9.23.2013

Barros Looking forward to the Dawn of the Pitino Era

May 26, 1997

It was just before noon and the workout was over. Bowling Green's Antonio Daniels had just become the third point guard to be seen or worked out by the Celtics in the past three weeks.

Those facts alone would seem to make it obvious that the team will have a new point guard next season. Perhaps that's true. But it won't necessarily be the potential lottery pick who performed for the Celtics at UMass-Boston yesterday. Maybe it will be the 5-foot-11-inch man who last went through a predraft workout in 1989.

"For some reason, people have said I can't play point guard," said 30-year-old veteran Dana Barros. "Coming out of training camp last year, I thought I was the best guard on the team. Not the best point guard. The best guard."

Barros, who was at UMass along with the entire Celtics staff, had an outstanding camp in Greensboro, N.C. But when the season began, he was on the bench, relegated to a hired-shooter role. He says he can do more than that. He knows he may have to since last year's starter, free agent David Wesley, may not return to Boston. Before a left-ankle injury limited his season to 24 games, Barros had maintained he could fill any role the Celtics requested. Point guard included.

"Playing the point isn't something you can do for five or six minutes at a time," he said. "I'm known as a shooter. But there's no question that I can play the point, too."

Barros missed Daniels' workout. It was probably hard for him to break away from his 10-month-old son, Jordan, who has surprised his doctors by already walking. But Jordan's father got to the gym in time to shoot under the supervision of Rick Pitino, assistant coaches Jim O'Brien and Winston Bennett, general manager Chris Wallace, vice chairman of the board Red Auerbach, and chief scout Leo Papile. He is following a conditioning program and says his left ankle is at 70 percent.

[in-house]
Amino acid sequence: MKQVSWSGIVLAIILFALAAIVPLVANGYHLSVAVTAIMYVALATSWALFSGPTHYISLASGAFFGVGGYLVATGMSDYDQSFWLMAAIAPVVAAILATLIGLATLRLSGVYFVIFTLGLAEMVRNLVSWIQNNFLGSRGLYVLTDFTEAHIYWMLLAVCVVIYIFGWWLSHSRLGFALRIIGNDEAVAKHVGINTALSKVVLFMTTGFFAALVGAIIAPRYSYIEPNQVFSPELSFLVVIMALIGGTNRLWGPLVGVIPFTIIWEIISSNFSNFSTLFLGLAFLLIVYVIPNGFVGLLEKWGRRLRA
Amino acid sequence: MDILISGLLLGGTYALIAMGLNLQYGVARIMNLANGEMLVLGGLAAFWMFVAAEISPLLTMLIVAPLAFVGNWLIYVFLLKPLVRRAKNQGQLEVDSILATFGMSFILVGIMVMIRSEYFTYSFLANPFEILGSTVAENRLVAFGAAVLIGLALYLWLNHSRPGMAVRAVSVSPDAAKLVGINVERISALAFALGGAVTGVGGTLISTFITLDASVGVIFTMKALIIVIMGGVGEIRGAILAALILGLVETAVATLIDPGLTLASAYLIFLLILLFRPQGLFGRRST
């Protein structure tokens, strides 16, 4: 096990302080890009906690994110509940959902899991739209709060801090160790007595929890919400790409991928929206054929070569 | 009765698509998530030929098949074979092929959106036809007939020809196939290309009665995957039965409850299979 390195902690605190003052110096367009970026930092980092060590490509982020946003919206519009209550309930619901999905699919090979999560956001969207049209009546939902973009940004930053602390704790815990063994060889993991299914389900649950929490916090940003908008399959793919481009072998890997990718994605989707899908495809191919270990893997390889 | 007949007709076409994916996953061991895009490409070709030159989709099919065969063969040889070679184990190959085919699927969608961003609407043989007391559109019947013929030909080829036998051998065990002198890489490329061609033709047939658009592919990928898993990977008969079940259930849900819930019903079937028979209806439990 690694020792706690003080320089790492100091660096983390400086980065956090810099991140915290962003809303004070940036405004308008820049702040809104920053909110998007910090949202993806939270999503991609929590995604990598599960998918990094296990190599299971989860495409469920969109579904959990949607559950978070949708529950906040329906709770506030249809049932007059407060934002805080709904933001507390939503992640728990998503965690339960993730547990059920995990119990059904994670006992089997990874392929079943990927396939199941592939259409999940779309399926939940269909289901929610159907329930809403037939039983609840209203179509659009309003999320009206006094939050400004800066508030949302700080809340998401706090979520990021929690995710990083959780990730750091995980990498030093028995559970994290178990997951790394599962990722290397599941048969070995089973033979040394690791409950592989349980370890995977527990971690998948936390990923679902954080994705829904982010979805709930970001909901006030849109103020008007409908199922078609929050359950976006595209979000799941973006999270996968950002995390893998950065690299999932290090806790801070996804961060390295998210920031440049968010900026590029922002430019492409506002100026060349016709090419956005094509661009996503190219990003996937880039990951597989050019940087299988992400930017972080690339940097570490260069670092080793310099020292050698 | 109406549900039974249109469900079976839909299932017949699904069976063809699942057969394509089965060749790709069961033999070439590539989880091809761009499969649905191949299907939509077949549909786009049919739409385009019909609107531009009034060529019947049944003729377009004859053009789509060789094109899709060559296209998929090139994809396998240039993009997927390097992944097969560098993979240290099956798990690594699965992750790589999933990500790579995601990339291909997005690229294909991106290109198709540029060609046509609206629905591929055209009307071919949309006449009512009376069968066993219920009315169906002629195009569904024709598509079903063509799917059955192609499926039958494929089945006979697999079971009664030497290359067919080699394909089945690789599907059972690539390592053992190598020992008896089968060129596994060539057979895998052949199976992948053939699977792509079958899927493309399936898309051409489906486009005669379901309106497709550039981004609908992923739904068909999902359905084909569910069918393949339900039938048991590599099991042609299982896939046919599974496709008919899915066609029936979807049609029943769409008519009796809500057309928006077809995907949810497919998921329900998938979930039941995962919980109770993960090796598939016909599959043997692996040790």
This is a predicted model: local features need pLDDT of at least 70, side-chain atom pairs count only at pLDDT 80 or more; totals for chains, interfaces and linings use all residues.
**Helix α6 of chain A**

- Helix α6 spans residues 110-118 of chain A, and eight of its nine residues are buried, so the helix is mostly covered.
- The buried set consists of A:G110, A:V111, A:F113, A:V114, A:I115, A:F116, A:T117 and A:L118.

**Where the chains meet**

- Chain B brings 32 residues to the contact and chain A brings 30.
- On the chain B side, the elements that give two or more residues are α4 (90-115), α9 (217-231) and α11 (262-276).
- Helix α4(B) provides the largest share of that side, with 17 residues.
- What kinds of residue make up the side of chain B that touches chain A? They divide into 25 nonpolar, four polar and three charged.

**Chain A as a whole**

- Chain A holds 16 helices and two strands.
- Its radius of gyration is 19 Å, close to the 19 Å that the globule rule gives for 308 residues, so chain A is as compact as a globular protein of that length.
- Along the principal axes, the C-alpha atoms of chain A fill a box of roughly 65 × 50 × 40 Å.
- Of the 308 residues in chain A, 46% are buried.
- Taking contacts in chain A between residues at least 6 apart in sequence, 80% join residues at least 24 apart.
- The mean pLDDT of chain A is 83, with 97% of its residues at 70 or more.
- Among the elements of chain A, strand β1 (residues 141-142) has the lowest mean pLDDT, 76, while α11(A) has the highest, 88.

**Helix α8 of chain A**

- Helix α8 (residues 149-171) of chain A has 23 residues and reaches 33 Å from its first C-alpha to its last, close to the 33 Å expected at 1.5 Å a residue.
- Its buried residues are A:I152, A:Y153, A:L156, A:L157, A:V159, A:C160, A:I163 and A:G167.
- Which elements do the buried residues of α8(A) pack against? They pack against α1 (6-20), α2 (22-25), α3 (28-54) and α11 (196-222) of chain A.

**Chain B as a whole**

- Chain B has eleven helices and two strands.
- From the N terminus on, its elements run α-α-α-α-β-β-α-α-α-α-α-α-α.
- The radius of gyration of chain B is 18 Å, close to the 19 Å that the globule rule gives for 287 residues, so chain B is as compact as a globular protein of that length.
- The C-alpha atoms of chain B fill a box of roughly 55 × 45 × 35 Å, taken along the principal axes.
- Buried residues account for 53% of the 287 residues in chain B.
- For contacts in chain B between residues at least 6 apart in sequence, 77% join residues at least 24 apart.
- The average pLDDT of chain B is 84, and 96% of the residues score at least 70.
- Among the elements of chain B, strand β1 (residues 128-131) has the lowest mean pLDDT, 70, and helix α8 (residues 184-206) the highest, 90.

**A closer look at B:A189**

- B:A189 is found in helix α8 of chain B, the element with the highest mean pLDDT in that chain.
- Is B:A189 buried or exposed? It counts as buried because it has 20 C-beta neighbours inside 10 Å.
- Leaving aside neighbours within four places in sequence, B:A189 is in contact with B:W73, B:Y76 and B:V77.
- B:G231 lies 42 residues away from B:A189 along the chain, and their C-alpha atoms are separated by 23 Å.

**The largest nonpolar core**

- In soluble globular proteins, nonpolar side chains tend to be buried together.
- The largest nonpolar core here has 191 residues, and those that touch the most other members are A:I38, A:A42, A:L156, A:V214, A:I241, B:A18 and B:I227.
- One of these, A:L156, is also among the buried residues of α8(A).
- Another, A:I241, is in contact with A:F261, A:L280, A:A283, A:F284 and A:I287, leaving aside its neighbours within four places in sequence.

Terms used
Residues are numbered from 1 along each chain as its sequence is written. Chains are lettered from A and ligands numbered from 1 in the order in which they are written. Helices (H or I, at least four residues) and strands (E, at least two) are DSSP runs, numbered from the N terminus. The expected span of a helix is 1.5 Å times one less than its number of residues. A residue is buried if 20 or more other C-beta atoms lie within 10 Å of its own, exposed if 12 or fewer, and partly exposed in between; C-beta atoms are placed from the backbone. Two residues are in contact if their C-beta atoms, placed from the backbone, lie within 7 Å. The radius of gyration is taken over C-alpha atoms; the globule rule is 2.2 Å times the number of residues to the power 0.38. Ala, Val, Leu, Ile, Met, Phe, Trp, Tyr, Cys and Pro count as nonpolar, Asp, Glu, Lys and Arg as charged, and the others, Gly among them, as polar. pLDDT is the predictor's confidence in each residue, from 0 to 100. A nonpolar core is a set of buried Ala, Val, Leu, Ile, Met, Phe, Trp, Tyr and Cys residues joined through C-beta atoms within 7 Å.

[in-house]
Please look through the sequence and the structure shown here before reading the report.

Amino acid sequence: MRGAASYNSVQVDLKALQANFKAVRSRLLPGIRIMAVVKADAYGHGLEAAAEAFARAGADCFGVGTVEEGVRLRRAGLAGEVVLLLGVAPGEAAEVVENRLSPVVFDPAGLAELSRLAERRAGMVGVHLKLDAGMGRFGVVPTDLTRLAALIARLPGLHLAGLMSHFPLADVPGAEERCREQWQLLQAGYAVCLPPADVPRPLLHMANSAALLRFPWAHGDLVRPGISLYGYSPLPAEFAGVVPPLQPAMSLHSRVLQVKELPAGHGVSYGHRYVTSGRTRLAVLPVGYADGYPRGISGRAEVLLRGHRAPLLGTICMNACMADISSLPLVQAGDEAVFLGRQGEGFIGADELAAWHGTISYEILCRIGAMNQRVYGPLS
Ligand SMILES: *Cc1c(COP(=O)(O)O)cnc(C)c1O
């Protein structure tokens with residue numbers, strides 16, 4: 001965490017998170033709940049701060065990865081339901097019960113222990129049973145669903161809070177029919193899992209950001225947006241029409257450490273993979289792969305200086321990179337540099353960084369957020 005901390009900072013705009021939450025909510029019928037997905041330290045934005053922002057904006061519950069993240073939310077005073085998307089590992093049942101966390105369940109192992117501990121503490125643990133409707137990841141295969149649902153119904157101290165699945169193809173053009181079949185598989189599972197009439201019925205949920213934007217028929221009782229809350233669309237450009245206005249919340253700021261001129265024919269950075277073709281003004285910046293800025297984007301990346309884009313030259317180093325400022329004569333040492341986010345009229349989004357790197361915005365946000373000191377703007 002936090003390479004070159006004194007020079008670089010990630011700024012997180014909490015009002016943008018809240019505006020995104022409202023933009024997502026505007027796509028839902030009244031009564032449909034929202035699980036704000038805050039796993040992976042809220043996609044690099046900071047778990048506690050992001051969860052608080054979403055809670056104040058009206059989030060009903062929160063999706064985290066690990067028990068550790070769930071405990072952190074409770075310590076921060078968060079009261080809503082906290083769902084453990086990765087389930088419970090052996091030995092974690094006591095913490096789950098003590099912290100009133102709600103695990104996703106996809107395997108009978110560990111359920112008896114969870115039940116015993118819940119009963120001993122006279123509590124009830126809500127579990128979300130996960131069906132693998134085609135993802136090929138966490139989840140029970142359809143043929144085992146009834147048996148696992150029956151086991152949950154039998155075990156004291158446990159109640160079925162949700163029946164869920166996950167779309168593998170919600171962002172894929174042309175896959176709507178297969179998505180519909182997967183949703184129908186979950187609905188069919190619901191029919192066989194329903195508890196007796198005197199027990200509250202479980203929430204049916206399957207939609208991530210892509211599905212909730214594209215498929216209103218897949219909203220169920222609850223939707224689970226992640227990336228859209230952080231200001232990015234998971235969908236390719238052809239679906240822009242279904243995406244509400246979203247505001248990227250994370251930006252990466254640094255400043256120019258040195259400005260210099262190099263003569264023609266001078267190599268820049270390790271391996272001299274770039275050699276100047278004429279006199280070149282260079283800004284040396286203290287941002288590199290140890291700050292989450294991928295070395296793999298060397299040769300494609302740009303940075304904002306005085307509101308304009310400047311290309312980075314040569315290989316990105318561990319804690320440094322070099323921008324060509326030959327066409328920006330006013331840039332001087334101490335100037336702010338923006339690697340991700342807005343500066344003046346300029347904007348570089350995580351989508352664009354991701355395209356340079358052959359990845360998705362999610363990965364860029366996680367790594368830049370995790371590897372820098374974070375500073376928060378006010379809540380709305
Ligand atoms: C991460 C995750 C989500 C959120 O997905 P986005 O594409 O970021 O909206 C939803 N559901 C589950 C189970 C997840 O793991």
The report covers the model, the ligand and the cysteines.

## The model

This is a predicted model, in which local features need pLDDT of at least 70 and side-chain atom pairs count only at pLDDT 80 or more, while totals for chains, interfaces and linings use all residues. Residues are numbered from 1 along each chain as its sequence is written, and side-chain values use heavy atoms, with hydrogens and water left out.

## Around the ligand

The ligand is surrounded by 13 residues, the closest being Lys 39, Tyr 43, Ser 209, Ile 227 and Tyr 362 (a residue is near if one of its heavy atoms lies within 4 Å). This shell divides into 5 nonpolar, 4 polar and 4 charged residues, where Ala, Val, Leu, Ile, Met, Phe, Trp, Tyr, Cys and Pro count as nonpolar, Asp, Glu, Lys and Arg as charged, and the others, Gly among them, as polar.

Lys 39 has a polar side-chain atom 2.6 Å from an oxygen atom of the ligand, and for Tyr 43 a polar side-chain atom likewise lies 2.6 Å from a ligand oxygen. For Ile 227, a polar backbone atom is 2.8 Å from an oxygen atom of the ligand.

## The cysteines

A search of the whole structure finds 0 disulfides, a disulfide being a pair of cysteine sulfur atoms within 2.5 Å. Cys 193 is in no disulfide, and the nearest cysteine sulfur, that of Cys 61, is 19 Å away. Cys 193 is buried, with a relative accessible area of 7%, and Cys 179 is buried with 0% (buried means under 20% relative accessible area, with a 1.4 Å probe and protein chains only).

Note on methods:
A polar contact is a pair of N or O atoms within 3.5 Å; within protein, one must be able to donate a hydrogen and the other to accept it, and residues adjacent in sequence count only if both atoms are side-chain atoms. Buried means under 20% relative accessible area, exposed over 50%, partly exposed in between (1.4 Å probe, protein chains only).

Barros was one of the first players Pitino talked with before heading to his FleetCenter press conference on May 8. Later that day, Barros heard the coach say players were going to enjoy playing in his system. It is a system that would seem to be a perfect fit for Barros' offensive skills: quick ball movement and 3-point shots.

"M.L. wanted to do that last season," Barros said, "but a lot of guys wouldn't do it on the court.

"Having Pitino is going to be good for us. He's going to be on our asses; we need that. It's nothing against M.L., but he wanted guys to police themselves. You would think guys at this level would be able to do that, but some couldn't."

Pitino's arrival, Barros said, will also improve the mood of home games. He wasn't talking about the 3,000-person season-ticket increase. "We hated playing home games last year," Barros said. "It was crazy to be in a place where everyone wanted you to play well and then lose. It was weird. It's going to be a much more positive atmosphere next season."
Apparently, Larry Bird is going to make one of his first hires from the Celtics organization. Joe Qatato, who was Bird's designated ballboy at Boston Garden, is on his way to Indiana to join the new Pacers coach. Qatato had worked with the Celtics' game operations staff. . . . When the Celtics fired several employees earlier this month, video coordinator Joe Achille was on the list. The team brought in a new coordinator but realized that it needed someone to work with him for a while. So Achille was called and asked to work with the team for a couple more weeks. He accepted.

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